Cheap kamikaze FPV drones, the kind more typically used by photography and racing enthusiasts, are now one of Ukraine’s most valued weapons against the Russian invasion.
In a report by The Times of London, a reporter visiting the Donbas region, Ukraine’s front line, spoke to a 25-year-old Ukraine drone pilot called Pelaheya who is specialized in taking out tanks, armored personnel carriers, bunkers, and sometimes infantrymen.
According to the report, this was not happening a year ago when DJI Mavic 2s were employed to provide reconnaissance and drop the occasional bomb. Described as a “dark omen to the future of robotic warfare and an ingenious invention for the needs of the moment,” the killer FPV drone is cost-effective and speedy.
FPV, which stands for first-person view, derives its name from the special set of goggles the pilots wear that allows them to control the drone in a way akin to a video game. Multiple clips posted online highlight the skill of the FPV pilots by grimly taking the lives of men fleeing for their lives.
“We are all human beings, but for me, enemy soldiers are not just a legitimate target and professional target: they are targets that excite me,” a drone pilot in the 54th Brigade tells The Times of London, in a sure sign that the war in Ukraine is a fight to the death. “Destroying them does not involve moral doubt, it gives me moral satisfaction.”
FPV drones are such an ingenious solution that President Zelensky announced plans to acquire a million of them this year, enlisting 200 Ukrainian companies to manufacture the kamikaze drones and proposing that civilians start making them at home. The “People’s Drone” project was launched on January 13 and participants can take a free engineering course to learn how to assemble a 7-inch FPV drone in their home.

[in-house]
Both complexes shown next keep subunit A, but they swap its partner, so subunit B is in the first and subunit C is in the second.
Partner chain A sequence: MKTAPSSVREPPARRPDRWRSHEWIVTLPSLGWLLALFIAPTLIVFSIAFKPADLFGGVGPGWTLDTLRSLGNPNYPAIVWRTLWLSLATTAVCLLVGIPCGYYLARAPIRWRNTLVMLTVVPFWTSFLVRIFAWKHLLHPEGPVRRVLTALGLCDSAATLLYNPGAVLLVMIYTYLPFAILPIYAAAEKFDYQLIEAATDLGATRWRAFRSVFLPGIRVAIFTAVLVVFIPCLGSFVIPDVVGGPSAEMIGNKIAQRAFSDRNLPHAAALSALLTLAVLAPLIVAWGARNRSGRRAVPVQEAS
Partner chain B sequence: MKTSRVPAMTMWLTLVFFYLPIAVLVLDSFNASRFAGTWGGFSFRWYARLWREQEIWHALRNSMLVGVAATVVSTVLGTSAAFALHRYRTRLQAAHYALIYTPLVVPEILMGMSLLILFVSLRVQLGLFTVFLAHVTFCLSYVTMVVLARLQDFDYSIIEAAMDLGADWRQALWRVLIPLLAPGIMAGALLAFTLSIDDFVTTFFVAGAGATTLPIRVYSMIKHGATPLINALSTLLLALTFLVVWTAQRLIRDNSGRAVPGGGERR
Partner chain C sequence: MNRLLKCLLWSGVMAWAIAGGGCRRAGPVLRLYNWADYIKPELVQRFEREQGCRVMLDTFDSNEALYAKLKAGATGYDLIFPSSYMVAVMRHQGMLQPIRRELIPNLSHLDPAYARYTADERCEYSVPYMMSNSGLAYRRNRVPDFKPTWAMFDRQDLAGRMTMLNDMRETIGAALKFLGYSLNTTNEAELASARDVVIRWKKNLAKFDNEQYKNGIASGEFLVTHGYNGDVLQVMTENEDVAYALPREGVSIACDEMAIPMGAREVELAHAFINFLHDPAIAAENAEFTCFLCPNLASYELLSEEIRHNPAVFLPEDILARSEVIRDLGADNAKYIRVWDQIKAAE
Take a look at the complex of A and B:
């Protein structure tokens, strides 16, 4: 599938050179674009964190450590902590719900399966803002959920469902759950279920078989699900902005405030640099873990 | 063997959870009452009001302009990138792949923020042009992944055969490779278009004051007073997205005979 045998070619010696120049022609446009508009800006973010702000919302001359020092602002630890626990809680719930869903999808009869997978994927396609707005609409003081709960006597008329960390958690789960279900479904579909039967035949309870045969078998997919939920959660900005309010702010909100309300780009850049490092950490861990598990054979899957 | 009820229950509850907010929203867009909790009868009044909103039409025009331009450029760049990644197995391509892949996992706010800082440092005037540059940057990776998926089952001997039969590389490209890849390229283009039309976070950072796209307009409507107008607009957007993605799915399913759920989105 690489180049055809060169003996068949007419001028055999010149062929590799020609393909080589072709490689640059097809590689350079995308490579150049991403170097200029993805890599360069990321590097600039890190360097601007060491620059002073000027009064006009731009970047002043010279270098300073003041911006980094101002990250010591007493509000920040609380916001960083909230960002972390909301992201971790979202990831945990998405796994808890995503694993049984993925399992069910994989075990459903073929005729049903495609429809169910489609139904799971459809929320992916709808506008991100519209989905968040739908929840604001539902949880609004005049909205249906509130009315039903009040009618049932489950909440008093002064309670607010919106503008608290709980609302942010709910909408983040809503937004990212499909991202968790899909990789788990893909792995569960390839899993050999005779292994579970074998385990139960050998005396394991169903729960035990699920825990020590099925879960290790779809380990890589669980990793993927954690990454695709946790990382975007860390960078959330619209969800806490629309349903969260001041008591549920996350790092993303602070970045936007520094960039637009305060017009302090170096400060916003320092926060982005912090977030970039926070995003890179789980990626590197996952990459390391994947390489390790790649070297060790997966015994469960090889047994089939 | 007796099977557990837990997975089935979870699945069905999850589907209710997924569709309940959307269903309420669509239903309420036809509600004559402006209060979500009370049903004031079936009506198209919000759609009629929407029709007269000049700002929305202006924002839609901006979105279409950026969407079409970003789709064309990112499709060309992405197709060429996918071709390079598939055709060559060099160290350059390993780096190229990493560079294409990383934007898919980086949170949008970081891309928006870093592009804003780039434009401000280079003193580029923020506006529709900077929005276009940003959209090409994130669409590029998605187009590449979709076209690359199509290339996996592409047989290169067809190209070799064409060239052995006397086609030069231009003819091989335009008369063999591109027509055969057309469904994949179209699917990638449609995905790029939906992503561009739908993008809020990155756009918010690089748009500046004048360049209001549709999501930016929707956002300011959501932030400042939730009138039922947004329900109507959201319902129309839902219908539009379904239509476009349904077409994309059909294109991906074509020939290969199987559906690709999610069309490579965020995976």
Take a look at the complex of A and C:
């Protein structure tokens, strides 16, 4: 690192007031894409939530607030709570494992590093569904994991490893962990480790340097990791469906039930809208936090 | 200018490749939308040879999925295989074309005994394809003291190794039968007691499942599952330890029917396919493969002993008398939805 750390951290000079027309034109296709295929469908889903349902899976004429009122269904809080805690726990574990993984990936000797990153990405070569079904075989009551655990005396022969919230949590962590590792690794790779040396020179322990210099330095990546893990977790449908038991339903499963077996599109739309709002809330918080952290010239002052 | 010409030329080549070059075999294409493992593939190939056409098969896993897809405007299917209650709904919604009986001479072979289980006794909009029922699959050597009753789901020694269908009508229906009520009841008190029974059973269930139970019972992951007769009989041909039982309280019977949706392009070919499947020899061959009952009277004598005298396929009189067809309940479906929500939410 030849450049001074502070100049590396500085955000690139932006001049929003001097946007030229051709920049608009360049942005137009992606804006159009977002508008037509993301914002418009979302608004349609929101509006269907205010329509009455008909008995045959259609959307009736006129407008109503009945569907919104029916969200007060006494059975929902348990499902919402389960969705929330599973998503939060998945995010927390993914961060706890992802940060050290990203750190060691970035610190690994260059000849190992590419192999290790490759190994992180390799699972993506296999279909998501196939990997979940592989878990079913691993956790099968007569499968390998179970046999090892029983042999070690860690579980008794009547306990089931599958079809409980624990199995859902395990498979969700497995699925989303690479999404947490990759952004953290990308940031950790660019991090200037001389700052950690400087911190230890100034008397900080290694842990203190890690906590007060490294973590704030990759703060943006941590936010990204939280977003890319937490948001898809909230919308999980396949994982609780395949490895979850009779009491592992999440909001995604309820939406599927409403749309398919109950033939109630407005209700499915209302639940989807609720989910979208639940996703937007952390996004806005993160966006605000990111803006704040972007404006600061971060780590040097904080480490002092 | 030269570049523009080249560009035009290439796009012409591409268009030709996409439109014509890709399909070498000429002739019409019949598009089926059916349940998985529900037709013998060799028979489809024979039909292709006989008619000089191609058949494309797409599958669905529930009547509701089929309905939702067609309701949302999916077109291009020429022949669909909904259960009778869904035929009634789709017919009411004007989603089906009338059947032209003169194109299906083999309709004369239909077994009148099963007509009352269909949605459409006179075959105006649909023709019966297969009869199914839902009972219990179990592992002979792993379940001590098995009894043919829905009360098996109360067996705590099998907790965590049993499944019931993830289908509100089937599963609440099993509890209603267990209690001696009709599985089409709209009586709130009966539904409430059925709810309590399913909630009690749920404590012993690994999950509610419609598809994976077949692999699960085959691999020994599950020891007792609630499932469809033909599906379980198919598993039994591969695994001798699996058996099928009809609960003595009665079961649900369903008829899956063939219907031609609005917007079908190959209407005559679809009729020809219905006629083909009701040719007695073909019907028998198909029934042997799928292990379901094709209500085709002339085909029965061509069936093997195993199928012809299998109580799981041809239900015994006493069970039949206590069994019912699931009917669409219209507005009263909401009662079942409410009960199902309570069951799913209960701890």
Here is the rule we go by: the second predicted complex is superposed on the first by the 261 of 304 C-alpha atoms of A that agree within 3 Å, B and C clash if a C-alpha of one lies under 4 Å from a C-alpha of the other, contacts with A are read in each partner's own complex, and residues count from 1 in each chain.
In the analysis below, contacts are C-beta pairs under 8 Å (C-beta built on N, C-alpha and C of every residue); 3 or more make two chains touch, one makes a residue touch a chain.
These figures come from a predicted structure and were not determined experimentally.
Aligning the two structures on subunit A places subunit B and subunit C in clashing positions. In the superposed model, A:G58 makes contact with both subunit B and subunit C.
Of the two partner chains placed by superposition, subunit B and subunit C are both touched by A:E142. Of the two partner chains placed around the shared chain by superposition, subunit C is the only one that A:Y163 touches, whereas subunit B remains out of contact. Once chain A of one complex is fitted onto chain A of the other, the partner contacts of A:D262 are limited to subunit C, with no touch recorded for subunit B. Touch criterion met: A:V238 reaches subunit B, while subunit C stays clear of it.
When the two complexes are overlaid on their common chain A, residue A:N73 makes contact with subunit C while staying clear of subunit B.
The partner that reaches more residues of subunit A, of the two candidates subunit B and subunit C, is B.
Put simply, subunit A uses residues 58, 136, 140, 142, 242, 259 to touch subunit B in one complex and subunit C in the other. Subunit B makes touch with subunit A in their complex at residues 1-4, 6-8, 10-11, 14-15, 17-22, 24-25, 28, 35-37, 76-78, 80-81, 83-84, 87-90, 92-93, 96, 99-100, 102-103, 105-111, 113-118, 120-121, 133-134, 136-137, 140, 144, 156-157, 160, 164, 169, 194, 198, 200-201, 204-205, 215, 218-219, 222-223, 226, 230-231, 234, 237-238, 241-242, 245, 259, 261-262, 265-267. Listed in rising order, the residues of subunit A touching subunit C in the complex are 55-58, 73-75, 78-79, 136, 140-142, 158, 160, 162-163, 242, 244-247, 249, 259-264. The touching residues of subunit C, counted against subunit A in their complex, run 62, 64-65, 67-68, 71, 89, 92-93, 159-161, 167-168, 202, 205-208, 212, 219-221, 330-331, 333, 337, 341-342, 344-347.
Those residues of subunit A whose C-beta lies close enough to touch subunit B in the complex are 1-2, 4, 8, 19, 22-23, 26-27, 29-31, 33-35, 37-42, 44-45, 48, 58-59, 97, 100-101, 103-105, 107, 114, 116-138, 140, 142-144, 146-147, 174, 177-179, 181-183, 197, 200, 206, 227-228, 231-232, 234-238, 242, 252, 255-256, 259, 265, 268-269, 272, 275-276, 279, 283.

Ukraine needs a large volume of FPV drones because of their irretrievable nature: the devices cannot be recovered once deployed. Moreover, many FPV missions are thwarted with maybe only half reaching their target.
“You usually need at least two FPVs to destroy a tank or BTR [tracked vehicle],” an experienced Ukraine drone pilot who has taken out 32 Russian armored vehicles tells The Times of London. “The first FPV to immobilize it, then the second, or more, to finish it.”
The war in Ukraine, which has come to something of a stalemate after Ukraine’s counter-offensive didn’t gain much ground, is in constant evolution with drones being redesigned and tweaked. The conflict has made clear that what happens in the cosumer drone market has implications in the battlefield.